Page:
Just one thing, though: tomorrow, when you open it, make sure you head to a different section. DO NOT go back to polishing today’s section again. If you’re a victim of the over-polishing habit, it helps to tell yourself you have to seek out another horrible adverb or a tell-not-show disaster in another chapter, and fix that baby up instead.
Rinse and repeat. At some point, you’ll find yourself writing final (first draft) prose, and feel fantastic in the process! Then, you can edit to your heart’s content. But what you’re working on is a full first draft, not a skeleton.
“Just finish the damned draft already?” You got it!
Do a bit of this padding/filling process EVERY DAY. Well, you are your own boss, so you can decide your own routine. But if you feared opening your manuscript because of the editing addiction, then fear no more! Trust me. If you stay engaged with your story, you’ll WANT to go in and improve something. And for the closet editor who is addicted to polishing? Well, in this method, any time you’re WRITING, you are also EDITING. Feels good, doesn’t it?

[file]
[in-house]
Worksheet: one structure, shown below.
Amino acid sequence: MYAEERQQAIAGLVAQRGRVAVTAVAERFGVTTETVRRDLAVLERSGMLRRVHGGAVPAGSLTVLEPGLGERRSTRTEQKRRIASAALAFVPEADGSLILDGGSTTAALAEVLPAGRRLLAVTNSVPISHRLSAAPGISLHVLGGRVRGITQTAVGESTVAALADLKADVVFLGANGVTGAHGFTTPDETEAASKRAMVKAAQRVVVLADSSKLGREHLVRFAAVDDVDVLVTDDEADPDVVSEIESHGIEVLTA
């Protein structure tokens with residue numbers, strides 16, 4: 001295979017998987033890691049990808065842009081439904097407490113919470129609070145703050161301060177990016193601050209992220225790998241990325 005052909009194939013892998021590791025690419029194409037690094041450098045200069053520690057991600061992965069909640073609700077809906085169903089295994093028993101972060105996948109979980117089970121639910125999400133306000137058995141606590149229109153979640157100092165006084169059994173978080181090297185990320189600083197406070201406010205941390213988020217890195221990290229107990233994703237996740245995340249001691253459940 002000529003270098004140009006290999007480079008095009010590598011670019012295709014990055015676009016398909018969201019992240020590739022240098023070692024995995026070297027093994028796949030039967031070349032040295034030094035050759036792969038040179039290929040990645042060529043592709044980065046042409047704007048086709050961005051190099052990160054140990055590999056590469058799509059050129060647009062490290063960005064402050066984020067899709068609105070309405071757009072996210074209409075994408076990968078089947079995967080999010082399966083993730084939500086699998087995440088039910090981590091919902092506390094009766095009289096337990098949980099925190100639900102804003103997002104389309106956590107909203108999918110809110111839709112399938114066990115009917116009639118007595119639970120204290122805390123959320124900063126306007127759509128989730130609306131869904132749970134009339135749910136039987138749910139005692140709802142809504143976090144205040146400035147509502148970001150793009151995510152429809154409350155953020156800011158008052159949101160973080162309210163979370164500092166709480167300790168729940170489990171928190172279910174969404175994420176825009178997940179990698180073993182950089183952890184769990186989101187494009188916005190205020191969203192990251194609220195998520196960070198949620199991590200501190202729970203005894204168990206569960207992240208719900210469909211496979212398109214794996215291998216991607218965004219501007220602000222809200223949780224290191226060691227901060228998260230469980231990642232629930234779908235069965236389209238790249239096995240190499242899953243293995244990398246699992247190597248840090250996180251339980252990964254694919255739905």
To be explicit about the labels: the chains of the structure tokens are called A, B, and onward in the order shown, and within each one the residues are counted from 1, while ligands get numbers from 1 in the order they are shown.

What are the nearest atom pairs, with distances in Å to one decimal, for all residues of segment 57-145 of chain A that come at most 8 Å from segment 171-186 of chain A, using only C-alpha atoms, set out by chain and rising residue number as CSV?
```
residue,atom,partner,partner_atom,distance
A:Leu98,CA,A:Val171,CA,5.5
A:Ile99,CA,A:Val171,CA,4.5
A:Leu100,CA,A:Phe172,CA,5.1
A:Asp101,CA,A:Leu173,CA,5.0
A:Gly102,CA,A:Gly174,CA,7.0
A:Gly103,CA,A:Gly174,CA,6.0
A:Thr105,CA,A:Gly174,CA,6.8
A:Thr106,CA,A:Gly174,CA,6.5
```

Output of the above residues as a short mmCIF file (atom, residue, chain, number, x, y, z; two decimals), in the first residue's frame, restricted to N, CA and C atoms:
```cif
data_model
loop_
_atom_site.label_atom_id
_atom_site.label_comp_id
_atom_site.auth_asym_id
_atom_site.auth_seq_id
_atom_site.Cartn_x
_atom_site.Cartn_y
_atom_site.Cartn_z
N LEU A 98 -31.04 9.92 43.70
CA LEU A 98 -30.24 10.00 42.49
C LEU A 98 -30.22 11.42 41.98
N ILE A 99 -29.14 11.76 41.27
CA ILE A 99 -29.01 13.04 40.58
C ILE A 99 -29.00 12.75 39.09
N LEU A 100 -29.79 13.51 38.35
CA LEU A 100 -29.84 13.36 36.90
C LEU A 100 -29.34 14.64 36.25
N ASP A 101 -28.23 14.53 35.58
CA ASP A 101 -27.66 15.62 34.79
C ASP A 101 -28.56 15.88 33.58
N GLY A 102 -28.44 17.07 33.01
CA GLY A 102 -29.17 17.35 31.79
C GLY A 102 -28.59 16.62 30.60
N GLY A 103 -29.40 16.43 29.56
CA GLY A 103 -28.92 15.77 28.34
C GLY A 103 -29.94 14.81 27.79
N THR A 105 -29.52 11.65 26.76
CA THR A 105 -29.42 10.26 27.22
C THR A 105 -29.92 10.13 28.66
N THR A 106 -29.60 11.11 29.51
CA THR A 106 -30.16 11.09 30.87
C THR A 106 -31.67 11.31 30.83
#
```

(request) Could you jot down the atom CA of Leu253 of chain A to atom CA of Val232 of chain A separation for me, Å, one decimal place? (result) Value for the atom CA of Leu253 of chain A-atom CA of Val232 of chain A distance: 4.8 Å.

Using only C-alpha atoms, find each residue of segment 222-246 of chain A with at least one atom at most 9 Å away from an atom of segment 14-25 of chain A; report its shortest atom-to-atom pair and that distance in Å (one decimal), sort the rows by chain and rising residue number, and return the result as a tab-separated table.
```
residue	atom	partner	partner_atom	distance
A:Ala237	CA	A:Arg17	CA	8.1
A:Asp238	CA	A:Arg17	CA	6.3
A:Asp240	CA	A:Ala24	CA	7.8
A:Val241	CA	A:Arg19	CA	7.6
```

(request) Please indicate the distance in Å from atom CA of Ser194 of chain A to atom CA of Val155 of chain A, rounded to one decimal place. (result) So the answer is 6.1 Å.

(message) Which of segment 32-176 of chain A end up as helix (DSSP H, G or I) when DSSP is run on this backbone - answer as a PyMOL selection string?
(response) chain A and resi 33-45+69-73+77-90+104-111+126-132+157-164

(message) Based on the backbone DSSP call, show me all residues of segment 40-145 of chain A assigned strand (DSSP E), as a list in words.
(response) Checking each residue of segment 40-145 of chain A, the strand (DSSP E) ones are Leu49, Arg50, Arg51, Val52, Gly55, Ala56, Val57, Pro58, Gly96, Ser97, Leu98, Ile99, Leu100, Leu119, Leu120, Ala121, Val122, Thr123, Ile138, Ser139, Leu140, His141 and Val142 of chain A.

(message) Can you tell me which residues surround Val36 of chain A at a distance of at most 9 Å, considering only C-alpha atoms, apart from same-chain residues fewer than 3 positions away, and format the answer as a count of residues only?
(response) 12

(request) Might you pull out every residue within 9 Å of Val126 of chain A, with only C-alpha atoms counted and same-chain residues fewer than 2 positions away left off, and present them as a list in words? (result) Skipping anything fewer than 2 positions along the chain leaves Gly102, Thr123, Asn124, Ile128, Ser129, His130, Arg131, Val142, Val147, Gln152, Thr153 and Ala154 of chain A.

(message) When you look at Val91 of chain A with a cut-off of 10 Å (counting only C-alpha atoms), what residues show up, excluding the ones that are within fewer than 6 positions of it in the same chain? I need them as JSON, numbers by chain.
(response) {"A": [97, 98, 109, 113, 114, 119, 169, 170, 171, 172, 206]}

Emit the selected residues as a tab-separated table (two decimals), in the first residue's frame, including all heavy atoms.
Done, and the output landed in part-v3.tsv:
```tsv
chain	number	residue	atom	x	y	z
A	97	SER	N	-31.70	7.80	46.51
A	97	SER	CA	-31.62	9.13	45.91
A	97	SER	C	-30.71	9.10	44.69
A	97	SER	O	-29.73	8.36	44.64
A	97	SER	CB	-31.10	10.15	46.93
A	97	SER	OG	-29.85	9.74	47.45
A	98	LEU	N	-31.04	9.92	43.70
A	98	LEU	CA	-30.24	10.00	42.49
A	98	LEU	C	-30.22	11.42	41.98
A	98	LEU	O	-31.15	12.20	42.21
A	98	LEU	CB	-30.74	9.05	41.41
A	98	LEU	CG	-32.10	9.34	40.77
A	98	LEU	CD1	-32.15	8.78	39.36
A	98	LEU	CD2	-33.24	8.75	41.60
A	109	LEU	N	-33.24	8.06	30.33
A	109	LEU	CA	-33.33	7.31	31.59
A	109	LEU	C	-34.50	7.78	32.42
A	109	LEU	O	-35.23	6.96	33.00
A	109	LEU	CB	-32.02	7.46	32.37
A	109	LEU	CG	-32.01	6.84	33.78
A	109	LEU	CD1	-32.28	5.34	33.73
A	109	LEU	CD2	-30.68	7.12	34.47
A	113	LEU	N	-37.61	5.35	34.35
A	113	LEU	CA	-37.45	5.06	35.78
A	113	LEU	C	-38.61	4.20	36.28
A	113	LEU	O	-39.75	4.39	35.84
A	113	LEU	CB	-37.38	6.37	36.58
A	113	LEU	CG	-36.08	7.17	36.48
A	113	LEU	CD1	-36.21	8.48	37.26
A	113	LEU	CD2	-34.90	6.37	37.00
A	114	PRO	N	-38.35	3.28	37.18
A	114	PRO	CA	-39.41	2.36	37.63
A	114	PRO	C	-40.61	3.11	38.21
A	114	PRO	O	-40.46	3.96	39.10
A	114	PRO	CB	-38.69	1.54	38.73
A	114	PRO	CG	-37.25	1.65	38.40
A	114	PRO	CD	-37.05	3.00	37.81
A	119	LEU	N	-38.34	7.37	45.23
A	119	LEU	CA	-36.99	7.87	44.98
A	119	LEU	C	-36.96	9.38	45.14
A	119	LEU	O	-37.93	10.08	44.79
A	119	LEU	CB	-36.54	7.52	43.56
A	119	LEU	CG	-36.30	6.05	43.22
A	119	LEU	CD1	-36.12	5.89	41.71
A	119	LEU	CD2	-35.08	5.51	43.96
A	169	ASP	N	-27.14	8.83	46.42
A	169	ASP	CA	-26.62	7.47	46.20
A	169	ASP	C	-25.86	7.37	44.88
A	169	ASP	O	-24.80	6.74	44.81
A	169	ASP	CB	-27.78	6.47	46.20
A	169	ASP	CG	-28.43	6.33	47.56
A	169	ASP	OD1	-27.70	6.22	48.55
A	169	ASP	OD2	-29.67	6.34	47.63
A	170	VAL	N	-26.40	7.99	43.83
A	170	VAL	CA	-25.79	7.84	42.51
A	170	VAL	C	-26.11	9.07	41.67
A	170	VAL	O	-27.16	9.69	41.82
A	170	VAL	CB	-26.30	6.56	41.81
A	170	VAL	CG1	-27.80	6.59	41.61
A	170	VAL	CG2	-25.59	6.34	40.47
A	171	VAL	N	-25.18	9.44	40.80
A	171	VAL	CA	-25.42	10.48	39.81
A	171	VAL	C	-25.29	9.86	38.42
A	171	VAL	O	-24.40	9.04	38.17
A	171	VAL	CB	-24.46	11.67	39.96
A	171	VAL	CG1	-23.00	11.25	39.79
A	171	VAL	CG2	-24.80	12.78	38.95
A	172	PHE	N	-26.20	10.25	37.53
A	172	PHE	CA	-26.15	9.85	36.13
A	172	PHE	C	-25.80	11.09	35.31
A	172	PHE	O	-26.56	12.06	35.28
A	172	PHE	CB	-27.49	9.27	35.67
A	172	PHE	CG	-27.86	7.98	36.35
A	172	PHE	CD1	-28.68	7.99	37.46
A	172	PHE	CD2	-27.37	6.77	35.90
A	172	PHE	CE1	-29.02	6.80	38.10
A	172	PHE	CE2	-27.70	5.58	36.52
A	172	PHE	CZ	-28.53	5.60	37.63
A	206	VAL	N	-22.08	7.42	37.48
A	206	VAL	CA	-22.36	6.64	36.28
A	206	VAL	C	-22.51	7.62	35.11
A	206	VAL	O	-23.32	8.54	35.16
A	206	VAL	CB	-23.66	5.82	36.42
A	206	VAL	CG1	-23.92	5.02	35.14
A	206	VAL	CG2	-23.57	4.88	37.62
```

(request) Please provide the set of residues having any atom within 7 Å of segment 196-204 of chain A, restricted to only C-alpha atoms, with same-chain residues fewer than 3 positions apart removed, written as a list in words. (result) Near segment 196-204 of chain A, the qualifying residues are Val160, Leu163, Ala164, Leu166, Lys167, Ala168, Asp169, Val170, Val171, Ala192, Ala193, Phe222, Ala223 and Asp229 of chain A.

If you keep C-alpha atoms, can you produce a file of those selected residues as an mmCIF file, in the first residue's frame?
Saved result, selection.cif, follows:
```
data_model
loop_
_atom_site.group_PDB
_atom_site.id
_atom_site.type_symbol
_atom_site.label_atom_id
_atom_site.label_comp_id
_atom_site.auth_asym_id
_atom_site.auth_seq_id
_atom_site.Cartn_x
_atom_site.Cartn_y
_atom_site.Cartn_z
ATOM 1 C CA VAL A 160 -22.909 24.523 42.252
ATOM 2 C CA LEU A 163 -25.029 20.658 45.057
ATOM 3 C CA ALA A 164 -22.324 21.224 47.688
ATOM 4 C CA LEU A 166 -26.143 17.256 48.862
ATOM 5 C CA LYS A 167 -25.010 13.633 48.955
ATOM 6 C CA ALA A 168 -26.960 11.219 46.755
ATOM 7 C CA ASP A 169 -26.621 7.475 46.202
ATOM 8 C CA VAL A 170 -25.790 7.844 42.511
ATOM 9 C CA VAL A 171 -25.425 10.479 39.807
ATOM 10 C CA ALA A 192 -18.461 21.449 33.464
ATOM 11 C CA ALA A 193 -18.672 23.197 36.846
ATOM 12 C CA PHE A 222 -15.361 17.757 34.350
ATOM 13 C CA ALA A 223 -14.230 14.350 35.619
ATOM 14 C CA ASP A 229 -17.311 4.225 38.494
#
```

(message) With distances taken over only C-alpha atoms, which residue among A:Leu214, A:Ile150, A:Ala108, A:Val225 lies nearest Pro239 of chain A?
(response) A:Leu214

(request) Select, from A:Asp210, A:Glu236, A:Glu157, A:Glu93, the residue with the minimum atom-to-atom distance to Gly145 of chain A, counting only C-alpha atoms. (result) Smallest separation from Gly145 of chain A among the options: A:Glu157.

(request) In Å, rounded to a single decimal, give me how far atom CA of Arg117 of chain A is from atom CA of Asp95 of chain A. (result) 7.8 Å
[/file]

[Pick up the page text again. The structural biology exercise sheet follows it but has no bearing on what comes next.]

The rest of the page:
You know why this works? I can open my manuscript at ANY point in the day and turn one sentence into two. They don’t need to be literary — they just need to be more detailed than they were before. I can devote just 15 minutes to this, or longer if I have it. But I almost ALWAYS find it easy to get into the flow.
Well, that’s the gist of it. If you’re a pantser, you may not enjoy this approach. If you’re a plotter, you’ll find it right up your alley.
This is not dissimilar to the excellent Snowflake Method devised by Randy Ingermanson, though it skips a number of his steps in favor of a more quick and dirty approach. Preferable if you really feel the need to be adding words to your script at all stages!
I hope other authors find this approach helpful. Feel free to message me if you want advice, encouragement, or a (supportive) kick up the butt. Good luck!
This post was originally written as part of the Editing Tips and Tricks series in the Facebook group The Indiepreneur Writers Collective. I'm one of the editors who contributes to this series of posts for authors. Every week we provide advice on an aspect of writing, including articles about technique, editing, motivation, style, character, plotting, and marketing. New posts come out every Wednesday.